ACCC calls on Google and Facebook to act on fake ads and celebrity endorsements

The ACCC has called on Facebook and Google to put a stop to the celebrity endorsement scams currently plaguing websites and social media.

Ads featuring fictitious quotes and doctored images of celebrities promoting products such as skin care creams, weight loss pills, or investment schemes have been appearing on the internet over the past year with Kyle Sandilands, Lisa Wilkinson, Shark Tank’s Steve Baxter and Studio Ten’s Jessica Rowe being among those used.

A scam ad featuring Shark Tank’s Steve Baxter

The ACCC says its Scamwatch website has received almost 200 reports about the scam adverts in 2018 with losses totalling more than $142,000. People aged 45 and older accounted for 63% of losses to these scams. Women are more likely than men to be a victim.

“Most of the reports to Scamwatch involve these scam advertisements running on Google ad banners or as ads in Facebooks news feeds. These tech giants must do more to quickly suspend ads, as every time consumers click on a scam ad, they are at risk of losing money,” said ACCC deputy chair Delia Rickard.

The celebrities affected have also been vocal in their irritation with the ads, expressing their concerns on social media.

Antonia Sanda, Facebook ANZ’s head of communications, told Mumbrella: “We do not allow adverts that are misleading or false on Facebook, and we remove adverts that violate our Advertising Policies.

“From January to March 2018 we took down 837m pieces of spam, nearly 100% of which we found and flagged before anyone reported it. We also disabled about 583m fake accounts — most of which were disabled within minutes of registration. This is in addition to the millions of fake account attempts we prevent daily from ever registering with Facebook.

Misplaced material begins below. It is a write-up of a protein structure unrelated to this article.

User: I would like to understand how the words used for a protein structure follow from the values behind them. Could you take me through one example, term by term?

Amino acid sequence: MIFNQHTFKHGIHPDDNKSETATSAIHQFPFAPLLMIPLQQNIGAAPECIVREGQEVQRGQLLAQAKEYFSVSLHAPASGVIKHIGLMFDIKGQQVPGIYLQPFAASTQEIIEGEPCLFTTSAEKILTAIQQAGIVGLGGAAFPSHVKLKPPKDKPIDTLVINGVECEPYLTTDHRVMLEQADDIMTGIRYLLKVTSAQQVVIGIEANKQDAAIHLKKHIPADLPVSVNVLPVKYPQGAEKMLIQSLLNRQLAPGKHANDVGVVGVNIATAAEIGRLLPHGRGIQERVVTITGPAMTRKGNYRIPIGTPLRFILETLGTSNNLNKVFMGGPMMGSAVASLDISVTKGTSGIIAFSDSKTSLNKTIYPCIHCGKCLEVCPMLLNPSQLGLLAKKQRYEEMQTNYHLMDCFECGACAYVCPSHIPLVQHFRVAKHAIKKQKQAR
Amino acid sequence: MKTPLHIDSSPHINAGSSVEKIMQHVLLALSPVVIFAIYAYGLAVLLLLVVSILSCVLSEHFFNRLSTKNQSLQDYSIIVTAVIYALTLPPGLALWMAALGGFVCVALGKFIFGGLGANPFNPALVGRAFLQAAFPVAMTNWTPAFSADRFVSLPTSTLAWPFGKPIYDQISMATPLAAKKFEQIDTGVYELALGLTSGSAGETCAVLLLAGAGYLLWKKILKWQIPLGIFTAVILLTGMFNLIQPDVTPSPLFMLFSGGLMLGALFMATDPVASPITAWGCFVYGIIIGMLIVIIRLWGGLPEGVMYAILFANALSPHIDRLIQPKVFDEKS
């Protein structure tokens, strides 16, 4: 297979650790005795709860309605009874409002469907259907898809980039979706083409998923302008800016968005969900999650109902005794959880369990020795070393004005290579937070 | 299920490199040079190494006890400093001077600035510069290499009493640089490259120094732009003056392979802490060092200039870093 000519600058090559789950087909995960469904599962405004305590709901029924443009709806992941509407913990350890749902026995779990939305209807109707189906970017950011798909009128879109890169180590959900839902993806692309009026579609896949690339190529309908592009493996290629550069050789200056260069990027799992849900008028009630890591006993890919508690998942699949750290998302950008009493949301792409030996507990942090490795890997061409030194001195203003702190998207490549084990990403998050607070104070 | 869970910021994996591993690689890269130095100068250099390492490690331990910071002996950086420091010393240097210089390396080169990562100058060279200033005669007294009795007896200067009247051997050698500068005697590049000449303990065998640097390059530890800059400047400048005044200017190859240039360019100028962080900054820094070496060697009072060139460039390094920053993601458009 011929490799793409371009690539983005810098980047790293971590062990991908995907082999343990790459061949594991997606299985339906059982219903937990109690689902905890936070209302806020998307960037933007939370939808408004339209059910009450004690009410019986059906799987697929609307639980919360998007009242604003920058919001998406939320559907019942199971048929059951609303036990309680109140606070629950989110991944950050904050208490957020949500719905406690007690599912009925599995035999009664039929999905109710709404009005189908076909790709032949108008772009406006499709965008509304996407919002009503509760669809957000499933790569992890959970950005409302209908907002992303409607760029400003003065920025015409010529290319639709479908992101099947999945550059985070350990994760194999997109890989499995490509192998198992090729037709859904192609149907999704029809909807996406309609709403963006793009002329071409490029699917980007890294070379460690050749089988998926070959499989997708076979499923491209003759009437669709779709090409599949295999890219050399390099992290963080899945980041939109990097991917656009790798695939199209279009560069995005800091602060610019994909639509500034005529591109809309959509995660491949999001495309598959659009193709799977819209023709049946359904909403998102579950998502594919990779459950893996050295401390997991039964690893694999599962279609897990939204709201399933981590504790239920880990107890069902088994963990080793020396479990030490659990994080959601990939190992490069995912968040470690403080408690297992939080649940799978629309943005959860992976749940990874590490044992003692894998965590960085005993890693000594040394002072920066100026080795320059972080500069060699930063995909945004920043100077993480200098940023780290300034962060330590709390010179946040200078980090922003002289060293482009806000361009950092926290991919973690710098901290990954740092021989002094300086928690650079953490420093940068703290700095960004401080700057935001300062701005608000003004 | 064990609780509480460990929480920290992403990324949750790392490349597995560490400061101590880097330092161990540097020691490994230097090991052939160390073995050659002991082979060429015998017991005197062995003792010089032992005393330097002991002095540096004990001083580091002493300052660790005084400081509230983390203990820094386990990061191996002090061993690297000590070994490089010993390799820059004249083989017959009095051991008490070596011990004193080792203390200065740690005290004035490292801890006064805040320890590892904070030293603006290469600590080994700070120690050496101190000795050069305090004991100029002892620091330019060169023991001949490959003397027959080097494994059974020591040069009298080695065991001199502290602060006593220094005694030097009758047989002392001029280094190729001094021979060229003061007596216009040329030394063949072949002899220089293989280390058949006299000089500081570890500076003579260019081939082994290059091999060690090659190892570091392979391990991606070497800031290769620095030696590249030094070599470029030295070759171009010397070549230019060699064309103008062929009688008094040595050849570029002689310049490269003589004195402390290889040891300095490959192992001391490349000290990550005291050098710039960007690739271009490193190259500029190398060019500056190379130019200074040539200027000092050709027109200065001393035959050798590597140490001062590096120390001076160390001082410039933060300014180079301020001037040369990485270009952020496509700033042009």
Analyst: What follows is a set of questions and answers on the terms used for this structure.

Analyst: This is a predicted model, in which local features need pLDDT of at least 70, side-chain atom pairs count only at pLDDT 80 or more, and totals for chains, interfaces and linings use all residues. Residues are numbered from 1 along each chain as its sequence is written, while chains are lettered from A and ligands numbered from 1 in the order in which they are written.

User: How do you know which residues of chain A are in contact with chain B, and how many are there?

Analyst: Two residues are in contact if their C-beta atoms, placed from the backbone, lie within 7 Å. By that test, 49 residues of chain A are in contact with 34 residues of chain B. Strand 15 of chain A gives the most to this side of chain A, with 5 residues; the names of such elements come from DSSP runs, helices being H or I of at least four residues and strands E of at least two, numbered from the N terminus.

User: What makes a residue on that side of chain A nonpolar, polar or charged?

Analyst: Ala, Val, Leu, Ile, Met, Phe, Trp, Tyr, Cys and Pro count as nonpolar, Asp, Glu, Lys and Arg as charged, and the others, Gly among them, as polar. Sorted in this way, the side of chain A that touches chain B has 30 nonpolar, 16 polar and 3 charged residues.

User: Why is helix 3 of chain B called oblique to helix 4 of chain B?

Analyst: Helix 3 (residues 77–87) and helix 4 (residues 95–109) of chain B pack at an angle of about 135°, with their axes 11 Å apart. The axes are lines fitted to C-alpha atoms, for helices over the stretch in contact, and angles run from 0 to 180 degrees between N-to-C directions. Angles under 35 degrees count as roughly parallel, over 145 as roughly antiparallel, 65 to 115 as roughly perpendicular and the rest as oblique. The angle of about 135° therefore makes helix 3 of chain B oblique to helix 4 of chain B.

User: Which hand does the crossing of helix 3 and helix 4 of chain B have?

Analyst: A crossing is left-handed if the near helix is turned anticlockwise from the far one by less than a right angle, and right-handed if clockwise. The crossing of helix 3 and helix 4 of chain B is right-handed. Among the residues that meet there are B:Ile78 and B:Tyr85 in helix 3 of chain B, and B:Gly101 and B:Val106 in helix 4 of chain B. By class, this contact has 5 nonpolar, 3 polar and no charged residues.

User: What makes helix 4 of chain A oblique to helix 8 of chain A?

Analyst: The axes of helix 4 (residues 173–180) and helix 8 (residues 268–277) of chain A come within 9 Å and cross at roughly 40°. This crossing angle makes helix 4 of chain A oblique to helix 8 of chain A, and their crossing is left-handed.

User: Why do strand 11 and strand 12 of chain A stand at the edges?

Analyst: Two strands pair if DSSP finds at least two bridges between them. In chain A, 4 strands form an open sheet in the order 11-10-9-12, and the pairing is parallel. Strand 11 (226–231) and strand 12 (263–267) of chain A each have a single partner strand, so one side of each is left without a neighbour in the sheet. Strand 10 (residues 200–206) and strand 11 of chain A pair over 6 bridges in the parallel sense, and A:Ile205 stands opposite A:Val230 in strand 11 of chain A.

“New technology like machine learning, computer vision and artificial intelligence helps us find more bad content, more quickly. We are also investing heavily in more people to review content that is flagged. From time to time people may see an ad that they believe is false and we encourage people to report these so that we can take steps to prevent these from appearing.”

A Google spokesperson added: “We have clear policies against ads that mislead or trick users into interacting with them. When we find ads that violate our policies, we remove them.”

Mumbrella understands Google suspended more than 7,000 AdWords accounts for policy violations last year, up from 1,400 in 2016.

The ACCC’s Rickard warned consumers to be vigilant about fake celebrity endorsements: “It is vital to research and read independent reviews of the company. Consumers should verify celebrity endorsement of products from the celebrity’s official website or social media account.

“If you are caught up in one of these scams, call your bank immediately to try and arrange a chargeback and to stop any further debits to your credit card.”


Get the latest media and marketing industry news (and views) direct to your inbox.

Sign up to the free Mumbrella newsletter now.



Sign up to our free daily update to get the latest in media and marketing.